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If you find yourself confused about which therapy is which, it’s quite understandable! There are different names for the various therapies which involve talking to the practitioner – and could really be best referred to as ‘talking therapy’. Almost all talking therapies involve helping you to discover and use your own resources to resolve your issues in the most effective way possible.
Here a just a few:
CBT (Conscious Behaviour Therapy): One of the better-known, this is designed to help you observe your own thinking and change the way you view your thoughts.
Meridian or Energy Therapies: Not really counselling, but often used by therapists to release stuck emotions or beliefs. Also referred to as EFT, Tapping, TFT, and some times used by Kinesiologists – all involve working with acupuncture points.
Solution Focussed Therapy: As the name implies, this seeks the solution for the problem rather than working with the cause. Many coaches use this approach.
Client-centered: Most therapies are client-centered, meaning that the therapy is desiged around your personality – all therapists should be client centered!
EMDR: This stands for ‘Eye Movement Desensitisation and Reprogramming’ and is excellent for working with trauma. Personally I combine it with EFT and Emo-trance.
Emo-Trance: The therapist helps you to work with the emotion rather than fight against it. This allows a space for healing at an unconscious level. I use Emo-trance combined with EFT.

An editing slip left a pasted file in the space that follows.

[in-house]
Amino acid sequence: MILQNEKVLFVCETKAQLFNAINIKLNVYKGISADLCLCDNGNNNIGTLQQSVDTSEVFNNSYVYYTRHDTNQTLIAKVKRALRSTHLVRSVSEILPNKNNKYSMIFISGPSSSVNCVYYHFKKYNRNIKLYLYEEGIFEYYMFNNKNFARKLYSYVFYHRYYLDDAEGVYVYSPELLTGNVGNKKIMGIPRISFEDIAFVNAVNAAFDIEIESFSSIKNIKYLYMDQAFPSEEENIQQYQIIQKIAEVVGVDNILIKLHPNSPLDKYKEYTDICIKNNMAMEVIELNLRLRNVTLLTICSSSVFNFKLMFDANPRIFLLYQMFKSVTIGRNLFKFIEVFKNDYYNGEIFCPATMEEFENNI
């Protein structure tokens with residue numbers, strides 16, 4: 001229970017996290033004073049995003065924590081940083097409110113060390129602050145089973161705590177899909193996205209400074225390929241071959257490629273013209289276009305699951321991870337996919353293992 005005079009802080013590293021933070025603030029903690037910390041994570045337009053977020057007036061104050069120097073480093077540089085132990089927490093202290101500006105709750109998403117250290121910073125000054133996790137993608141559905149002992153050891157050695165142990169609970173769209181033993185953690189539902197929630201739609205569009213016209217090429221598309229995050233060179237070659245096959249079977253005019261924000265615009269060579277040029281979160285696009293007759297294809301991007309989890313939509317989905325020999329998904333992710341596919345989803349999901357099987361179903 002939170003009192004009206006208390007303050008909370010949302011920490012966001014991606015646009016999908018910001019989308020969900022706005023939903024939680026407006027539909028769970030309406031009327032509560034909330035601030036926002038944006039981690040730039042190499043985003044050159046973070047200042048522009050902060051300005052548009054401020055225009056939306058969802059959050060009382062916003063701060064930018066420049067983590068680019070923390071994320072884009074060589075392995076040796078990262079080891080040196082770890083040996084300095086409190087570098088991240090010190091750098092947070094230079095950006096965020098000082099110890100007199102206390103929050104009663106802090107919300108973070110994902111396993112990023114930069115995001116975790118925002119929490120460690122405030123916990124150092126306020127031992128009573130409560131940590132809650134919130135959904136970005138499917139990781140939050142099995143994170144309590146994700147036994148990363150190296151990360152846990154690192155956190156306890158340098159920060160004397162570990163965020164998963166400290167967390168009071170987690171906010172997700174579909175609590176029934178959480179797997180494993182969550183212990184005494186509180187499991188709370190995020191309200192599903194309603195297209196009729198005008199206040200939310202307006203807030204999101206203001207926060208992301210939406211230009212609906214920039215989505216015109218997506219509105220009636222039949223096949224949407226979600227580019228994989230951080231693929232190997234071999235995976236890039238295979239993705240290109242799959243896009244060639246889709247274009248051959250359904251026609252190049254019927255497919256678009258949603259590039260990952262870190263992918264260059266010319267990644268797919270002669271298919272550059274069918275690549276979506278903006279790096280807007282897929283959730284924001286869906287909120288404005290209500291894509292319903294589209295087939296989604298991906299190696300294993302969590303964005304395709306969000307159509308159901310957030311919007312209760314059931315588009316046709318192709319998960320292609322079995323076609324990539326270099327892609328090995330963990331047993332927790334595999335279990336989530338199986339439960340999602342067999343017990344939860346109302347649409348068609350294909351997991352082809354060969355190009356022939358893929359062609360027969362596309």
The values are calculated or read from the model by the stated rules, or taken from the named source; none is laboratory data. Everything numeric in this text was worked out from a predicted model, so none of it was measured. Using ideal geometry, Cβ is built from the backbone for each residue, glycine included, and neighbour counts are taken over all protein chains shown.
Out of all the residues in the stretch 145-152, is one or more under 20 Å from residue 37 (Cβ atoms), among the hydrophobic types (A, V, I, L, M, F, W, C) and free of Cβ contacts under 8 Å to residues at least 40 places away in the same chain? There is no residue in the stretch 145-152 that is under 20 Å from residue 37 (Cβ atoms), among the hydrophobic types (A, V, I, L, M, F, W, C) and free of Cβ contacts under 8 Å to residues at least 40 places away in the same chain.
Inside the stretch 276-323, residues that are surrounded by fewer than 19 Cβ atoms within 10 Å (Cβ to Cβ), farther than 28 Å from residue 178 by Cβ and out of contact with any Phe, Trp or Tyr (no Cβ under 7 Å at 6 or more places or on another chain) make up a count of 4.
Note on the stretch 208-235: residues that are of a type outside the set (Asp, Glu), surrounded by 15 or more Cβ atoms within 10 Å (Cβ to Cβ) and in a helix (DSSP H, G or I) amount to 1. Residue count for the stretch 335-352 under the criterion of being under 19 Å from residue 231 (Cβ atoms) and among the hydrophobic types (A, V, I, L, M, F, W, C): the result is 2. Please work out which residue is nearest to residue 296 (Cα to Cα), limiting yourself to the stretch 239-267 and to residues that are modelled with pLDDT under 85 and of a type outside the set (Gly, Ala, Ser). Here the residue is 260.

Hypnotherapy: Strictly not psychotherapy, though many psychotherapists and counsellors use it effectively. (Read more here)
NLP: As with Hypnotherapy, a tool used by many psychotherapists and coaches, the unconscious mind is engaged to bring about a change in thinking and ways of relating. NLP was developed from hypnotherapy techniques but usually do not require a trance state.
Holistic / Transpersonal: Working with the whole person. (Read more here)
There are many other types – don’t be fooled by new names for the same old stuff. Be weary of anybody claiming a ‘new’ and ‘unique’ therapy because in reality the underlying principles are usually very similar to those mentioned above.
Most practitioners are not skilled in every single one of those methods listed here (and there are actually a lot more besides) but will usually have more than one working method available to them.
Look for a practitioner that has experience, has worked through their own issues in life, and you feel comfortable with. Ultimately, it is absolutely essential that you feel at ease and confident with your therapist/counsellor if you are to get the results you seek.
Bottom line: It’s not the technique that counts most! Find a therapist you can trust!